arrowHome arrow Marv's Blog Tuesday, June 27, 2017  
Main Menu
Home
About Us
USDA Organic
CSA - Own Your Share
What We're Growing
Marv's Blog
21st Century Farm
Transplants
Did You Know
Farm Classroom
Photo Gallery
Memberships
Search

North Star Farms
P.O. Box 164
Carpio, N.D. 58725
(701) 720-2635

gardendwellers FARM

Marv's Blog
What a push
Written by Marv Baker   
Saturday, 05 June 2010

The long, Memorial Day weekend was supposed to be one in which I would get a lot of work done. In fact, I took a vacation day (Thursday) from my newspaper job just to get a better jump on the gardening.

It didn't happen. I know we are supposed to appreciate when we get rain, but my goodness, it rained all day Thursday, my vacation day, was nice but windy on Friday, rained again on Saturday, roughly 3 inches, then was too wet for part of Sunday. Finally, Monday was our day.

Knowing there was no tomorrow because a new employee was starting at the newspaper on Tuesday and I was leaving for National Guard camp on Friday, the planting all had to be completed despite all those delays.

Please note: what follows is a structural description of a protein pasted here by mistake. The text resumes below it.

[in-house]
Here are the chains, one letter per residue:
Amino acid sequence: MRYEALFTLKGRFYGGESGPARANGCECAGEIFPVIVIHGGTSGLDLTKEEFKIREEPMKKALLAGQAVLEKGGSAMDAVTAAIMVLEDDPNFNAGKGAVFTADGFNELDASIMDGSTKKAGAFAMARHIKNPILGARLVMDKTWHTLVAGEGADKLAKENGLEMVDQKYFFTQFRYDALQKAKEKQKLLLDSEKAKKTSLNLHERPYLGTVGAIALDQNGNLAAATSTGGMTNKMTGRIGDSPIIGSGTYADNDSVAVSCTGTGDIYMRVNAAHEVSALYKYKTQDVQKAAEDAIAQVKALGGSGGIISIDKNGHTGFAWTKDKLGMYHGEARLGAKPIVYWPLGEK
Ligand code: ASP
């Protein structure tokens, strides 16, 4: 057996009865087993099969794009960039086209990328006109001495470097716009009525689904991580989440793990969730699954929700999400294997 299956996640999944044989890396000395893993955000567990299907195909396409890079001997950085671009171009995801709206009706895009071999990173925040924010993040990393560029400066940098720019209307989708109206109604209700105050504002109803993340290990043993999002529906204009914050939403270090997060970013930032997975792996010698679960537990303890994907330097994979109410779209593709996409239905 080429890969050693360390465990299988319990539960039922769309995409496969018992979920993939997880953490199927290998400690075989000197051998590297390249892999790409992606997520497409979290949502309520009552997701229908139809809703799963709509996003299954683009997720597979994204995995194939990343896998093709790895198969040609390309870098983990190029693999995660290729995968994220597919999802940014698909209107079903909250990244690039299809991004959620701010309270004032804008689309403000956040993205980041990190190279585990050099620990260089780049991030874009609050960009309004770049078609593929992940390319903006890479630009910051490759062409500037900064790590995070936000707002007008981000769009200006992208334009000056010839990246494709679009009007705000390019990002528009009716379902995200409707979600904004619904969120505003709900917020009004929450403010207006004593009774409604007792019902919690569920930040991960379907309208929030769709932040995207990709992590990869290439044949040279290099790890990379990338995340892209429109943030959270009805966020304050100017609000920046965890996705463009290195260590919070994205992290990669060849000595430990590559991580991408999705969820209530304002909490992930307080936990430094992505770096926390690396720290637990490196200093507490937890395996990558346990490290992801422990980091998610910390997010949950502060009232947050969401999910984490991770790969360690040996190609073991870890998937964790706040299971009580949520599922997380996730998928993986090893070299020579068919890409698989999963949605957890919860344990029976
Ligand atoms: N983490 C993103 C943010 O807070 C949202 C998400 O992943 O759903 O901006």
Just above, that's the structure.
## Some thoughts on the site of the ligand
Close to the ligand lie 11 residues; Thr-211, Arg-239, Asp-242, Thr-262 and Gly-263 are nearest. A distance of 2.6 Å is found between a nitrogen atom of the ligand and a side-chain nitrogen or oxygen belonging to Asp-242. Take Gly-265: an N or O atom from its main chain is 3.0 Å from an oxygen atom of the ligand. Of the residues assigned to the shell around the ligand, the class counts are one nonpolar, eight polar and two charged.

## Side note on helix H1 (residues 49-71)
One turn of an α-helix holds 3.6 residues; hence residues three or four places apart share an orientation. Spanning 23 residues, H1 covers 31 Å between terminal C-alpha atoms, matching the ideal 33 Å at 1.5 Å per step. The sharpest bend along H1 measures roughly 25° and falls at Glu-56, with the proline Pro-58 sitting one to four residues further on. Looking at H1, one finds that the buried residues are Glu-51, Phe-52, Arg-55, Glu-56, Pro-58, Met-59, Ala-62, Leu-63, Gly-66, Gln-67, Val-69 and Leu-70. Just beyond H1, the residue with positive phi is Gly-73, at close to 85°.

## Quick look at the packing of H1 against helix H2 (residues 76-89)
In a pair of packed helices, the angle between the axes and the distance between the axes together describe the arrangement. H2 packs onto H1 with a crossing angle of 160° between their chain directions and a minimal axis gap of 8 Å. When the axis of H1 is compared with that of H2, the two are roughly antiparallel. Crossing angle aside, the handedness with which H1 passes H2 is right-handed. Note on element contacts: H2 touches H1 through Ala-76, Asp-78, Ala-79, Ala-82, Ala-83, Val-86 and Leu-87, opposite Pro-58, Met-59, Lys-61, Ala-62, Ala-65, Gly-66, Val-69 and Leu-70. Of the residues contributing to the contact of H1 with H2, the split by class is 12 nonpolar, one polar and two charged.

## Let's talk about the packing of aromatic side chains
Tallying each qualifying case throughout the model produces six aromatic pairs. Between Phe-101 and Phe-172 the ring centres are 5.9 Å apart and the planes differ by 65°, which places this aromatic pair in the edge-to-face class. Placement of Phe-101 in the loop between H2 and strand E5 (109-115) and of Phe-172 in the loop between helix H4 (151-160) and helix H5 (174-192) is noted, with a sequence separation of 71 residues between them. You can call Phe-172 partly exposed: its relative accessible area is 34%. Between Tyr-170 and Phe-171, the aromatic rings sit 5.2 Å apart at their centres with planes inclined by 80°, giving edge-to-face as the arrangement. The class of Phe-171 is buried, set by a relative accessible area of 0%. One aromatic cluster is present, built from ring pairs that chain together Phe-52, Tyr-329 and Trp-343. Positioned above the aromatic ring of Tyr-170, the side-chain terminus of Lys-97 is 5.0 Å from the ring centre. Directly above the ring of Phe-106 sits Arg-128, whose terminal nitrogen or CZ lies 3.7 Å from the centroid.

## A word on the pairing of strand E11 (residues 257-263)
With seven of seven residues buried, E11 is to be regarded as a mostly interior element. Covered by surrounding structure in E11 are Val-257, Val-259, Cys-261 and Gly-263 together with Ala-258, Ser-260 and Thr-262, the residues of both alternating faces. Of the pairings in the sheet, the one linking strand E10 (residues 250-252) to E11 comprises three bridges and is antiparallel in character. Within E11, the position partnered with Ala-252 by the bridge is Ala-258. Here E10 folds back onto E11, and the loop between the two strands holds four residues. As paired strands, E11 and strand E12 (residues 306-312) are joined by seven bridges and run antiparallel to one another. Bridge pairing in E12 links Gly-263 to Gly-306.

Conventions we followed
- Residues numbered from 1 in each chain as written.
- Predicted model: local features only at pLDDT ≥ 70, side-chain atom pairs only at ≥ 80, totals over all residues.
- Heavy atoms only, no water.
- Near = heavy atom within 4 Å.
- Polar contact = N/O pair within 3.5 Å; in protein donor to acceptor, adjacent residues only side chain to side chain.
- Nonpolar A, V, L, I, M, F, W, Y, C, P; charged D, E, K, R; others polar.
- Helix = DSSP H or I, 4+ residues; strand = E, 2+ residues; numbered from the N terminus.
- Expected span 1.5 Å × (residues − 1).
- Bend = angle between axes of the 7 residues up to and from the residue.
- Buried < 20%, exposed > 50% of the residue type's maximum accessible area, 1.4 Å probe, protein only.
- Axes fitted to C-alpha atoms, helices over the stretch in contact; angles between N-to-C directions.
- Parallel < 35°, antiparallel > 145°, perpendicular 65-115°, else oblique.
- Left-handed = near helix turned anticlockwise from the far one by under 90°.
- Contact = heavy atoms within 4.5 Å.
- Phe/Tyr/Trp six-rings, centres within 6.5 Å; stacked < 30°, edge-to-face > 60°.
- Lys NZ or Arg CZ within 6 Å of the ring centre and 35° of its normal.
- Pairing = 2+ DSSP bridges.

It got done, but not without several issues that at one point made it miserable to be out. On Monday night as I was wrapping up, it started raining and the clouds just stalled right over the top of me. I kept working because it was 8 o'clock and I knew I had less than 2 hours of daylight.

The harder I worked, the harder it rained until finally I stopped. I ended up sitting in the vehicle for about a half hour before the rain passed. I would have kept going but the mud was balling up on my feet and the inside of the seeder was getting wet and the seeds were sticking to it. 

Those were zinnias, by the way, that were inside the seeder when the raindrops fell in there. But I did manage to get about 400 feet of zinnias planted before it got too wet.

I also had spinach and parsnips and squash to get in. But I got it all planted. The only problem was it was straight up to 10 o'clock when I finished and it was getting dark.

So, at 10 p.m., I started the tractor and tilled the 2.5 acre perimeter before driving it home about 5 blocks, without lights, since it doesn't have any. 

That's what I like about living in northwestern North Dakota. The daylight in summer is remarkable. Even last Monday, nearly a month away from the solstice and we still had daylight until 10 p.m.

When I got back to the house and got everything unloaded and placed back in the garage, I headed for the house, but I had to take all my clothes off in the garage because I was covered in mud and would have made quite a mess otherwise.

To me, that's a part of farming. It has to be done within a time window regardless of weather conditions. That's the way it is. At least those seeds got plenty of moisture as I did.

 
<< Start < Prev 1 2 3 4 5 6 7 8 9 10 Next > End >>

Results 41 - 45 of 92
©2014 North Star Farms